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Monday, 8 August 2011

When things go wrong

Dear Dogs Today

My dog is very ill. He went into the vet's about a month ago for routine treatment and unfortunately the medication he was given has made him worse and he is now undergoing specialist treatment with a different vet. He was discharged to me following treatment and a stay in the vet's with the vet telling me he was healthy - as I collected him I discovered he was not and rushed him to a separate specialist, who treated him for something very nasty and undetected by the vet just hours before.

What has upset and astonished me the most is what was written in my dog's notes in 2008. The same vet practice had written in 2008 that my dog had had a severe reaction to this medication and should not be given it again, nor any other similar medication which may produce similar side-effects. I was unaware of this until a couple of weeks ago, when I asked to see all of his notes. Due to the effects of this medication on my dog leading to a serious problem, which also went unnoticed, he could die.

Please could you tell me where I stand on reporting this vet? Who do I report the vet to? Would I have a civil case or is it a matter for a veterinary authority? Due to all of the treatment my dog has now undergone as a result of this bad practice, I have racked up an incredibly expensive bill, into the thousands of pounds, and am facing the very real possibility of losing my dog. I don't want to lose my boy, the money is, of course, secondary, but I don't think I should fit the bill for the vet's mistake. I would like to make sure this is resolved and it doesn't happen again to anyone else.

This is very upsetting and stressful. I would be ever so grateful for some advice and information on where I stand legally.

Thank you.

Name supplied, by phone

Claire Millington, spokesperson for the Royal College of Veterinary Surgeons, replied...

I’m sorry to hear about this sad situation and do hope that your dog makes a full recovery. As you rightly suggest, veterinary surgeons are subject to regulation, and the Royal College of Veterinary Surgeons (RCVS) is the authority responsible for regulating their professional conduct. I can’t comment specifically on your case as the RCVS considers all complaints it receives through a formal complaints procedure. However, I thought it might be helpful to at least to say how complaints can be made, and a bit about what the RCVS can and can’t do.

The College has a duty to consider all complaints that it receives, however, it can only act on those which may mean someone is not fit to work as a vet. Alternatively, if you consider the veterinary surgeon or practice has been negligent, and in effect should pay compensation, then you can consider pursuing this through the civil courts with the advice of a solicitor and of any relevant veterinary expert – complaints about negligence are not generally matters the College can act upon. Mostly, when something goes wrong at a practice it’s best to try to resolve things with the practice first though. You can usually ask to speak to the practice principal or manager if you don’t feel comfortable discussing matters directly with the vets involved.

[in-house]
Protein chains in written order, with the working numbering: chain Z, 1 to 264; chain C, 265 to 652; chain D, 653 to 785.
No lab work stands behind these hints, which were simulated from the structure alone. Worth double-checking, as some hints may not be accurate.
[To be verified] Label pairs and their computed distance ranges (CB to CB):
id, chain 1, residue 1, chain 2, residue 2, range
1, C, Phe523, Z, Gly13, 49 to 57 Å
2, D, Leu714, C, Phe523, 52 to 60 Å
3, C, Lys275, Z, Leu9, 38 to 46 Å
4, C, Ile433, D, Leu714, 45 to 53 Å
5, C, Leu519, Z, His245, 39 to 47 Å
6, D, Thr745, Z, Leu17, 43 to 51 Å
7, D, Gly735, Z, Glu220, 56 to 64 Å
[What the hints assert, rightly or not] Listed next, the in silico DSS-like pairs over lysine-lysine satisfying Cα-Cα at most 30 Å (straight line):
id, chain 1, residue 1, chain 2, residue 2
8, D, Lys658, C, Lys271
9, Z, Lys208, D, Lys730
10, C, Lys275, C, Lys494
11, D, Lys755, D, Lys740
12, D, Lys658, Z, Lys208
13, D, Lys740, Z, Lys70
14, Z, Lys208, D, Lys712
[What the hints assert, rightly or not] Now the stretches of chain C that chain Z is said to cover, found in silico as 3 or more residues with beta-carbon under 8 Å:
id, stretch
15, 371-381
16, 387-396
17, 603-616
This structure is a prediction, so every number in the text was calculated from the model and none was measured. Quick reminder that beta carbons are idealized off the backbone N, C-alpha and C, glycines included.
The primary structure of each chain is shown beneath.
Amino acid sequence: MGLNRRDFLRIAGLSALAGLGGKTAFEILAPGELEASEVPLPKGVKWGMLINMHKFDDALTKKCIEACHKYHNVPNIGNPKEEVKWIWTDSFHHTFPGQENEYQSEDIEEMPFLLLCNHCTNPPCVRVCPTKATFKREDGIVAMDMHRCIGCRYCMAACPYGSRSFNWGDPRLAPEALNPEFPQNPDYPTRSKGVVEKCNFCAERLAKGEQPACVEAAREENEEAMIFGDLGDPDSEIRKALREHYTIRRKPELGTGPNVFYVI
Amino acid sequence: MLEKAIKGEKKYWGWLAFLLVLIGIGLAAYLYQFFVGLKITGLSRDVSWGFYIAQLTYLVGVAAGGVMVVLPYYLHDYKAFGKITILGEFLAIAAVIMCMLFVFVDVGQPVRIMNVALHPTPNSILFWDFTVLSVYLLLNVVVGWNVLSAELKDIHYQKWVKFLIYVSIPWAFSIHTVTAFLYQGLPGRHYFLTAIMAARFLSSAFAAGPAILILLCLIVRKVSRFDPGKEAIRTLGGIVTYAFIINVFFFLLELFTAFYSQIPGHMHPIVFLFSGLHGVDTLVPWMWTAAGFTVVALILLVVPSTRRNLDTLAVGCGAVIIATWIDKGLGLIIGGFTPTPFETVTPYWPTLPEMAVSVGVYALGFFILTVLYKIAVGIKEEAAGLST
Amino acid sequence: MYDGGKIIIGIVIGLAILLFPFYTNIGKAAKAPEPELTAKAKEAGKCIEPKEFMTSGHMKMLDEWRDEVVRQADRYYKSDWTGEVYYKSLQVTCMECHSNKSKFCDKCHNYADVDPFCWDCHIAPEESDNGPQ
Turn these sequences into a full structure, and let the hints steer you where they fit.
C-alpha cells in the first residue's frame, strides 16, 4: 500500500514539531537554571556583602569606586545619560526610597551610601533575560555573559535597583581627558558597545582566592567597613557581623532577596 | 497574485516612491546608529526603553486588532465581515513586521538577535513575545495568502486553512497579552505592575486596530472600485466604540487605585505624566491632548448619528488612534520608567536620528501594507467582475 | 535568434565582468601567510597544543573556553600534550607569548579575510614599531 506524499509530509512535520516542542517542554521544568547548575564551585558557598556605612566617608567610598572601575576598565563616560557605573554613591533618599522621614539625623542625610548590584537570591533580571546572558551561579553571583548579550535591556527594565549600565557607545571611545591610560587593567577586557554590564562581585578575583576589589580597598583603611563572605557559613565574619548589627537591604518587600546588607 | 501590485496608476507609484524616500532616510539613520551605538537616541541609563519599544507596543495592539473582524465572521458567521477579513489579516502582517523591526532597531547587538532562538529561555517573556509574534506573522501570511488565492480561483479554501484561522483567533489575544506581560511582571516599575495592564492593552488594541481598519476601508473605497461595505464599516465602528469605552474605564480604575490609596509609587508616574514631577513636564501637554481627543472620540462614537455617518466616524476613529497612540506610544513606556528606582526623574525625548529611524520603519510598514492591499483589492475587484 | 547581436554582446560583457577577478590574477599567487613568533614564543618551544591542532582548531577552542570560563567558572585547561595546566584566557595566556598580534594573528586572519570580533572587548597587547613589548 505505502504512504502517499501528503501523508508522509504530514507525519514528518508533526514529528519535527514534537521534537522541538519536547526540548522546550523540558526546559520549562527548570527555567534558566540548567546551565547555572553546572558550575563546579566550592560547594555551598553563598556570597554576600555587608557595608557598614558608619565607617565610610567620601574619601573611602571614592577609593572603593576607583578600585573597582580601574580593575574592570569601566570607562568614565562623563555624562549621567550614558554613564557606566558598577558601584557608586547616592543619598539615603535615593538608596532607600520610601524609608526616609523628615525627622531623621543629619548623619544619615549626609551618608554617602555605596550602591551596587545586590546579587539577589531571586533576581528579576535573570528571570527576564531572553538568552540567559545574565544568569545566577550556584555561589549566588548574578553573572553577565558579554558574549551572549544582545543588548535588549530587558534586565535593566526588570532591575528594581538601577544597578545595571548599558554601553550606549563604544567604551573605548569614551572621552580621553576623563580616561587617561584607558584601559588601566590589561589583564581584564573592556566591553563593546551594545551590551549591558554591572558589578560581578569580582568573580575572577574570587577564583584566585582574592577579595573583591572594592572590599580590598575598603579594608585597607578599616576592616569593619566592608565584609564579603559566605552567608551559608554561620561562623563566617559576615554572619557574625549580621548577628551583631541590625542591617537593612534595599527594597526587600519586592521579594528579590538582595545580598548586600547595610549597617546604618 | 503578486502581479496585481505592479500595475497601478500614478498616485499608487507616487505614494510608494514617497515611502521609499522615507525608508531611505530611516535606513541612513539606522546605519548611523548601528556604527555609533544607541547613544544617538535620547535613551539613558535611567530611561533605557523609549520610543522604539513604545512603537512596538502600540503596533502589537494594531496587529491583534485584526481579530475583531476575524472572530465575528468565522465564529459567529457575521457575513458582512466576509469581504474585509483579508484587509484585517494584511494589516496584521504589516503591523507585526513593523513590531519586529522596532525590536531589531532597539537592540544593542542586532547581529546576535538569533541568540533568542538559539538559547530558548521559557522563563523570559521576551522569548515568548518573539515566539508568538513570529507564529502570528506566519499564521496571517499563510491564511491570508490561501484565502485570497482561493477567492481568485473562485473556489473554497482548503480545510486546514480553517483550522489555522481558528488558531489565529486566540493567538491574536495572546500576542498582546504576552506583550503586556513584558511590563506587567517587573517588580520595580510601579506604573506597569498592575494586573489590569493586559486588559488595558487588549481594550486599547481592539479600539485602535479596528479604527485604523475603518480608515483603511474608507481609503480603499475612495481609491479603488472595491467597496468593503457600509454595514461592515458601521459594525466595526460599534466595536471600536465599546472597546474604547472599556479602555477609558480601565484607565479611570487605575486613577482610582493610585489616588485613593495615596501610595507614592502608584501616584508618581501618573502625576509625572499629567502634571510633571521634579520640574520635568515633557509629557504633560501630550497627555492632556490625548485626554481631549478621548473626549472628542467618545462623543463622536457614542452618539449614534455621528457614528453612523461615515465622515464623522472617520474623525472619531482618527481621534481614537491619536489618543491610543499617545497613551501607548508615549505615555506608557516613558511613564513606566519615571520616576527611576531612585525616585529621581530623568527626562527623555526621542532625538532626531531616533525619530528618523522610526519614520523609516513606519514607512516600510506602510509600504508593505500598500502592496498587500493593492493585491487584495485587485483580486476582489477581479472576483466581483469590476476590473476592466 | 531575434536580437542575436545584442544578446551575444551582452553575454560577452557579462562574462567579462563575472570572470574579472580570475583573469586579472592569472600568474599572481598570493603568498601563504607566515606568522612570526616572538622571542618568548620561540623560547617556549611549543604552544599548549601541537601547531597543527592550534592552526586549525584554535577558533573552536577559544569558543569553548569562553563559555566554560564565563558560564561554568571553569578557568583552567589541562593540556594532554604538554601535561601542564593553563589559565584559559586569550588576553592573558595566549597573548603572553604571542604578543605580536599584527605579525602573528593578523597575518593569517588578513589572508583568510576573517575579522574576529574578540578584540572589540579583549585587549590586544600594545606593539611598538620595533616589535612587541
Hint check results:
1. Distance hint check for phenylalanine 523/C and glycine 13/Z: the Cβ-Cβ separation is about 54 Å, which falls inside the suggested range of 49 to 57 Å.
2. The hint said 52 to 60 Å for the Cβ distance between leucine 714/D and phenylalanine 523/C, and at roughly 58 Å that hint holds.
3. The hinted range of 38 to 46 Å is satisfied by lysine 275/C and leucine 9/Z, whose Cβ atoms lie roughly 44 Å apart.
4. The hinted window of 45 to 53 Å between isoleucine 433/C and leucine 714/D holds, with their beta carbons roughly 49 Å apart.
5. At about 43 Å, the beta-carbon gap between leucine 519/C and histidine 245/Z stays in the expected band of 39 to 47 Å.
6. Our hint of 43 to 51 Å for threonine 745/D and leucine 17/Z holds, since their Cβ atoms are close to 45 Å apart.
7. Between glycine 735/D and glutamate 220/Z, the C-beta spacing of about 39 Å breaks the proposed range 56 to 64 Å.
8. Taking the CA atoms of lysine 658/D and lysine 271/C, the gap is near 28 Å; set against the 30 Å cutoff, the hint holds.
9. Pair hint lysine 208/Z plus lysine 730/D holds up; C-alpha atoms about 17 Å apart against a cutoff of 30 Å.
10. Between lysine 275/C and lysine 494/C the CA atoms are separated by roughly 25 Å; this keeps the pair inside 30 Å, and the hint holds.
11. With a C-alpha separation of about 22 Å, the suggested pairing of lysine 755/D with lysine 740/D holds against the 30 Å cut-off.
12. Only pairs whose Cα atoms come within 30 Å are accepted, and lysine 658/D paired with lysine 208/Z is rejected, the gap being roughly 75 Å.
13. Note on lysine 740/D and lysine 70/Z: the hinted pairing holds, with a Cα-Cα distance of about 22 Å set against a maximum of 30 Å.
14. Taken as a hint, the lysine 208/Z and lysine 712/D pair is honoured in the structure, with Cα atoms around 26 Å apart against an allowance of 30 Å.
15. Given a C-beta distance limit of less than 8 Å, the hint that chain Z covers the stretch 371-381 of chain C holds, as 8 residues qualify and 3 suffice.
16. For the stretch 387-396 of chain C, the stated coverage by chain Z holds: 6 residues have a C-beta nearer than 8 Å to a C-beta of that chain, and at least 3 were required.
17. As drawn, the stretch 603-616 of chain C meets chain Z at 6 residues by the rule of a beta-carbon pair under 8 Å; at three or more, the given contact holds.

Complaints can be made to the RCVS by using the complaints form available from our website or from our Professional Conduct department (see below). All complaint forms that the RCVS receives are assessed to see if the issues fall within its remit. Then, if they do, the RCVS investigates further which involves getting evidence from all those involved, and can mean visiting the person making a complaint and also the veterinary practice. The RCVS also considers if a case could be made against the veterinary surgeon at a Disciplinary Committee hearing.

Disciplinary hearings are held in public, reported to the press and, if the Disciplinary Committee decides a vet is not fit to practise, he or she may be suspended or removed from the Register. These are the only sanctions the RCVS has and must be used to protect animals and the public, rather than to punish vets. Complaints are usually closed prior to these hearings and the RCVS does not make these complaints public, although it does keep information which it can use if it receives further complaints about a vet. The RCVS can also now consider complaints made against registered veterinary nurses (RVNs), under a similar system.

There is no checklist to use to determine that someone is fit to work as a vet – it’s about more than just ticking the boxes. Instead, the RCVS Guide to Professional Conduct sets out the RCVS’s expectations of veterinary surgeons and you can read this on the RCVS website. This approach means that all relevant circumstances can be properly considered in each individual complaint. You can also read on our website about the cases that the Disciplinary Committee has heard over the past three years, and the decisions the Committee has taken.

Need more information?
About making a complaint:
What makes a vet fit to practise:
Recent Disciplinary hearings:
Or contact the RCVS Professional Conduct Department ( or 020 7202 0789)


  1. my dog had a very severe reaction to a commonly prescribed liquid pain relief for dogs and my vet did not offer me any compensation in money or words. He had blood literally pouring out of his bottom I was terrified. My heart goes out to you.

  2. This is a terrible thing to happen to you and your dog, and to my mind the vet was negligent.

    I would suggest that you take advantage of some free legal advice from citizens advice bureau, and also get in touch with the BVA. If the vet can't read your dogs notes properly then he shouldn't be in practice.

    I do hope that the outlook improves for your dog, I know how much we all love our dogs and would do anything for them.